What responsibility does the city have toward works of public art — even after they've gone out of style?
That question is at the heart of a debate over whether to restore Frederick MacMonnies's "Civic Virtue," which once stood in front of City Hall but in 1941 was banished to Queens, where it resides outside of Borough Hall. Although the monument is by a major 19th-century American sculptor and was commissioned by the City, it has always been controversial because of its allegorical depiction of Virtue, represented by a rather chunky nude male figure, triumphing over temptation, represented by two female sirens at his feet.
That the statue is in disrepair is above dispute: It's dirty, and its marble is crumbling. The argument is over whether to do anything about it.
The district manager of Queens Community Board 9, Mary Ann Carey, wants the statue restored. In June, she sent letters to Mayor Bloomberg and Deputy Mayor Patricia Harris, as well as figures in the New York art world, asking for support. At their June meeting, the members of the Kew Gardens Civic Association voted overwhelmingly in support of restoring the statue. In recent weeks, the president of the Fine Arts Federation of New York — a consortium of arts groups including the National Sculpture Society, the Municipal Art Society, and the Architectural League of New York — Tomas Rossant, sent letters to the New York City Parks Commissioner, Adrian Benepe, and Queens Borough President Helen Marshall, advocating that the sculpture be conserved.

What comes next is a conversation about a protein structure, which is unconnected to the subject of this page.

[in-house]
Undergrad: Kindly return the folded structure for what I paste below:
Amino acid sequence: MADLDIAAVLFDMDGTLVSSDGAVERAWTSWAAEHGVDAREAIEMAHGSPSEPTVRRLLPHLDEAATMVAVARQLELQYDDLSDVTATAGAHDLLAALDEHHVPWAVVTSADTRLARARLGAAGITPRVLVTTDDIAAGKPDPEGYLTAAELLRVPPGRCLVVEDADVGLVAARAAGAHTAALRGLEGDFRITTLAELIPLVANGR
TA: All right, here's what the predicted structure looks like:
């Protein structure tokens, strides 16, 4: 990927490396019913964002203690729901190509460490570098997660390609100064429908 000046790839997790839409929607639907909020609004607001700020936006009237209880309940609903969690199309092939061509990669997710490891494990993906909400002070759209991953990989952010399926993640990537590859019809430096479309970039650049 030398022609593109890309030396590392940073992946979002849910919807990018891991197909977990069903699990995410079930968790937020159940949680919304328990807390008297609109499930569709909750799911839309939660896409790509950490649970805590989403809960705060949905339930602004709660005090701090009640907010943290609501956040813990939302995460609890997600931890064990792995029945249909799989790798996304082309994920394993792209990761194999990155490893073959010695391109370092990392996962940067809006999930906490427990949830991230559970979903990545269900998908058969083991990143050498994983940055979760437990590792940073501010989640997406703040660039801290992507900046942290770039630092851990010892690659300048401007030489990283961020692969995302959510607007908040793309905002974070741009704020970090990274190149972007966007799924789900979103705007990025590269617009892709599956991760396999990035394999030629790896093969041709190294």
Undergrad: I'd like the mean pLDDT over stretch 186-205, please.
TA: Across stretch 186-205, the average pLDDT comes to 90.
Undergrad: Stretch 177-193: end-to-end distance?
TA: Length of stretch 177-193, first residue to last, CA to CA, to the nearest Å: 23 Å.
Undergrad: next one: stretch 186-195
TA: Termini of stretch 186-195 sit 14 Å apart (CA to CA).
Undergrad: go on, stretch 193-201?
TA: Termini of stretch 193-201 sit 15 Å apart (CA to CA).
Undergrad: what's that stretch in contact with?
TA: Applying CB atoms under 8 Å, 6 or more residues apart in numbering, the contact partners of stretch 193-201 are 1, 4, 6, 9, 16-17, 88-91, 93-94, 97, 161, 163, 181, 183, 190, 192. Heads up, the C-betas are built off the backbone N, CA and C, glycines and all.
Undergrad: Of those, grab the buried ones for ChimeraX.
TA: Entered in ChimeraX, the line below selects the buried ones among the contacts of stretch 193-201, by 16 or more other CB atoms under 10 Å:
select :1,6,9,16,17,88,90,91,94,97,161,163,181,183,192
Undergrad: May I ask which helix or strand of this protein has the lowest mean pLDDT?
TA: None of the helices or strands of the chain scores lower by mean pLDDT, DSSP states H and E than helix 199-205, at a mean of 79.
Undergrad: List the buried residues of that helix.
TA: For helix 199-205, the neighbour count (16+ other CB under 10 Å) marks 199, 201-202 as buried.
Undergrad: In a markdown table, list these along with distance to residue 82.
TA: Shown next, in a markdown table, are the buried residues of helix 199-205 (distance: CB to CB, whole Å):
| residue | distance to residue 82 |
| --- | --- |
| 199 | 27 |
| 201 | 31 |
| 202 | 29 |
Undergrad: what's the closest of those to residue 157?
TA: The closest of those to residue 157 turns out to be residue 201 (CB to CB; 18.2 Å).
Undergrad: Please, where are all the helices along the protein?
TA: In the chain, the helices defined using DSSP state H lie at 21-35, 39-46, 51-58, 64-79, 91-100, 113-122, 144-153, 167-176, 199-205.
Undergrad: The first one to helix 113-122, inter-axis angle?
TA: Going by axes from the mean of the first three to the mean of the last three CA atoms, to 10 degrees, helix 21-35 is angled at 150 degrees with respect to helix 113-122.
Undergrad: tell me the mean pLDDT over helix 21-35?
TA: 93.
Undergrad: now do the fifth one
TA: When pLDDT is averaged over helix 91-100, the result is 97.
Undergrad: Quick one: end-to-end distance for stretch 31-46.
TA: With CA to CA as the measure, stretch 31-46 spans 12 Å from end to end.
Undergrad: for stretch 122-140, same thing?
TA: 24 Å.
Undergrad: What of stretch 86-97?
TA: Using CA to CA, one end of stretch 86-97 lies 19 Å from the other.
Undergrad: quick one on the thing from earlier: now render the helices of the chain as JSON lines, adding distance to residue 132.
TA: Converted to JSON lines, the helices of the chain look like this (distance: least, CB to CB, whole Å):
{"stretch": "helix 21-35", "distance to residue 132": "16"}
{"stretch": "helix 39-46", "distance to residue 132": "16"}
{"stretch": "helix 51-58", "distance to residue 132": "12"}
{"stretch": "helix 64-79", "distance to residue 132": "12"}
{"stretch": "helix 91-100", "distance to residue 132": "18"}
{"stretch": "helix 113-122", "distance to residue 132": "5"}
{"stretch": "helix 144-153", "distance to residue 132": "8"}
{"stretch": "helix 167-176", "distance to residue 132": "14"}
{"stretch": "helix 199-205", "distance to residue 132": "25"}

Ms. Marshall, however, is no fan of "Fat Boy," as the statue's detractors call it. She has called the statue sexist and said she has no interest in restoring it — in fact, she wishes it were somewhere else. Mr. Benepe, meanwhile, says that he would like to see the statue restored but that the Parks Department doesn't have the money — between $1 million and $2 million, according to a Department estimate — required to both restore the marble and make its fountain function again.
A professor of visual culture at the State University of New York at Stony Brook, and a former member of the Art Commission of the City of New York, Michele Bogart, said that "Civic Virtue" raises a larger problem: "What's the city's obligation to its public art collection, and how in the present do we deal with monuments that are perceived are problematic in some way?" she asked. While she accepts that the Parks Department doesn't have the money, she believes that if Mr. Benepe were to come out strongly in support of restoration, private donors, civic groups, or even City Council members with their discretionary funds might offer to bankroll the conservation project.
"Civic Virtue" is far from alone in offending modern sensibilities. The monument in front of the American Museum of Natural History shows Theodore Roosevelt on a horse, flanked by a Native American and an African man on foot. The effect is of Roosevelt as a father figure, leading the more "primitive" races into the future. "The sculptor, James Earle Fraser, said it was meant to show [Roosevelt's] ‘friendliness to all races,'" the architectural historian, and Sun contributor, Francis Morrone said.